“This is that rarity in Japanese literature, a work portraying an intellectual youth.” ―Akira Honda, critic (from the commentary in the paperback edition)
Ever since its publication in 1954, this work, which critic Akimasa Kanno called “a psychological novel that sheds light on shadows deep within the soul, entwining issues of loneliness, love, egoism, and faith,” has been read by generations of Japanese readers as a classic novel about youth.
The setting is an era when tuberculosis was fatal. Outside Tokyo, a sanatorium in the village of K has a six-bed ward which the narrator, an aspiring poet, shares with a student of linguistics and a budding writer named Shiomi. Never revealing his psychological scars, the stubborn and unfazed Shiomi undergoes a ten-hour lobectomy in what is tantamount to an act of suicide. The reckless plan fails, and he dies.
Two notebooks turn up in the bedsheets. The novel unfolds as the narrator reads the notebooks, asking himself if Shiomi’s death was suicide or not.
The first notebook contains an account of Shiomi’s high school years, when he lost his mother. He feels a strong homoerotic attraction to Fujiki, a boy in the class below his, but suffers when his feelings are not returned. The archery club holds a training camp in a seaside village on the Izu Peninsula, where Shiomi confesses a pure and platonic love for Fujiki. Saying “I can’t be responsible for myself, so I’m not fit to love anyone,” Fujiki rejects him. And then dies of sepsis at only 19.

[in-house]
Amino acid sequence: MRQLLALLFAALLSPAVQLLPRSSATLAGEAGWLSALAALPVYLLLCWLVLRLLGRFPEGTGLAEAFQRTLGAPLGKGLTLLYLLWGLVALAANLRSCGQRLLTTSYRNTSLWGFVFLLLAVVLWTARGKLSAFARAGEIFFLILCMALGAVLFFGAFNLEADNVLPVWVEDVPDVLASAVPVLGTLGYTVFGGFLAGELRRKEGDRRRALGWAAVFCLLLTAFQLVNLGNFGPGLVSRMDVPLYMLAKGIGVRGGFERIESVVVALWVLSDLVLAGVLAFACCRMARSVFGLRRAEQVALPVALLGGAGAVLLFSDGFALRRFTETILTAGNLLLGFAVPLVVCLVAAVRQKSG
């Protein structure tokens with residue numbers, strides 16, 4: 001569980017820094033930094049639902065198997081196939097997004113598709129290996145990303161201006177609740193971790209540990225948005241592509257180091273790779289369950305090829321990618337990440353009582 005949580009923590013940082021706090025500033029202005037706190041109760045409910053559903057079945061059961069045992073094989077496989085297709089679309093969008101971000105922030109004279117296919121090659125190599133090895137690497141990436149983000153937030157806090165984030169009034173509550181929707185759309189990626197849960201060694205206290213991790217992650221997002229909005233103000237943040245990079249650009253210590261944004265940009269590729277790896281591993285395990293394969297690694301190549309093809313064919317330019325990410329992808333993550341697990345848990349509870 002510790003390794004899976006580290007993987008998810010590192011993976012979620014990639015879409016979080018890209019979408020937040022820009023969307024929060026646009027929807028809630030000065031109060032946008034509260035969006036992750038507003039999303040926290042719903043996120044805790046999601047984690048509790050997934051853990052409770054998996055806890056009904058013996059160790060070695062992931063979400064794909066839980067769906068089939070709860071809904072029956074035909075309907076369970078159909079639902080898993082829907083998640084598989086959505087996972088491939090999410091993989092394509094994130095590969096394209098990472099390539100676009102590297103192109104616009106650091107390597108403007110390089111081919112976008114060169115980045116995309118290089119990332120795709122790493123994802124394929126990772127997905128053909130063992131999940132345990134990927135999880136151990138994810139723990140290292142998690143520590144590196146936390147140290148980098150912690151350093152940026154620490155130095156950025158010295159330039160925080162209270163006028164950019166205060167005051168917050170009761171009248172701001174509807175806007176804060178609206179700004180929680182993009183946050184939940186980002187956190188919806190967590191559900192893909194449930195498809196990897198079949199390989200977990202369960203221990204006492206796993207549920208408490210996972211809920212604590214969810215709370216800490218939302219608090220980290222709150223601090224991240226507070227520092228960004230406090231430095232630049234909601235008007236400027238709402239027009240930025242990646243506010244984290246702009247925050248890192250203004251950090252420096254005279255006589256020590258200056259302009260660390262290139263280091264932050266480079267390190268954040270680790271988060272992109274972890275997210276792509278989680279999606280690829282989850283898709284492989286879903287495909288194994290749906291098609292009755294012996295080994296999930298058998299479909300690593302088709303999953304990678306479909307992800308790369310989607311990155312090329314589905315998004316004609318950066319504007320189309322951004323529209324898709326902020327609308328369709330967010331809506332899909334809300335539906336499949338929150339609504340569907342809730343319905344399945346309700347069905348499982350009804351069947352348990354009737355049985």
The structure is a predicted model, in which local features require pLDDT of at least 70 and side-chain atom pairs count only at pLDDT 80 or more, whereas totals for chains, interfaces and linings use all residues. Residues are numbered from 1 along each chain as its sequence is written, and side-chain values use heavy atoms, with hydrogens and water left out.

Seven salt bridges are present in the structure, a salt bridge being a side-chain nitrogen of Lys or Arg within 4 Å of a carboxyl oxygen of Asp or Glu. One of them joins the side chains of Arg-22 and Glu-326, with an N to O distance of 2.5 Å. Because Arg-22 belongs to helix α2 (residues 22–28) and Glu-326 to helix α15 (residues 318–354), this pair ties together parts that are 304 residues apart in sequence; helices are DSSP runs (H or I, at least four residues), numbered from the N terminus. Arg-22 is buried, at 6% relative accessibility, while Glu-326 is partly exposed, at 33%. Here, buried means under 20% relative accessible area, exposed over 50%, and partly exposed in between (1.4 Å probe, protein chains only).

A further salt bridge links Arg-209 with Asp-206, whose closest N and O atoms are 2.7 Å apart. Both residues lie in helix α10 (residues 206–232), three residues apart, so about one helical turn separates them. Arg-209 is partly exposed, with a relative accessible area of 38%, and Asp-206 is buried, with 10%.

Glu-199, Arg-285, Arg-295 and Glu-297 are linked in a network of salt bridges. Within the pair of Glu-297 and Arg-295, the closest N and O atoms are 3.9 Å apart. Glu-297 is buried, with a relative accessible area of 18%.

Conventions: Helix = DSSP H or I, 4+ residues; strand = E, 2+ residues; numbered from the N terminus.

The second notebook contains an account of Shiomi’s love for Fujiki’s sister, Chieko, just 20. Grieving the untimely loss of her brother, Chieko joins a Christianity study group. Shiomi and Chieko go together to concerts, listening to Chopin and sharing artistic pleasures. In time their feelings deepen to love, and they become intimate. But to Chieko, her heart torn between spiritual love and romance, Shiomi’s love is a burden. He receives a draft notice to go to war and, as a last gamble, invites her to a concert the evening before his departure, but she doesn’t come. The notebook ends with words of despair: “Fujiki, you never loved me. And neither did your sister. I’ll die alone.”
Fukunaga himself spent seven years recuperating from TB in the immediate postwar
era and drew on his own experiences to create a fully realized portrait of a young man of fastidious intelligence. The courage of the protagonist, who looks at reality from the side of death and despair, and yet chooses life, was enormously moving to members of the author's generation.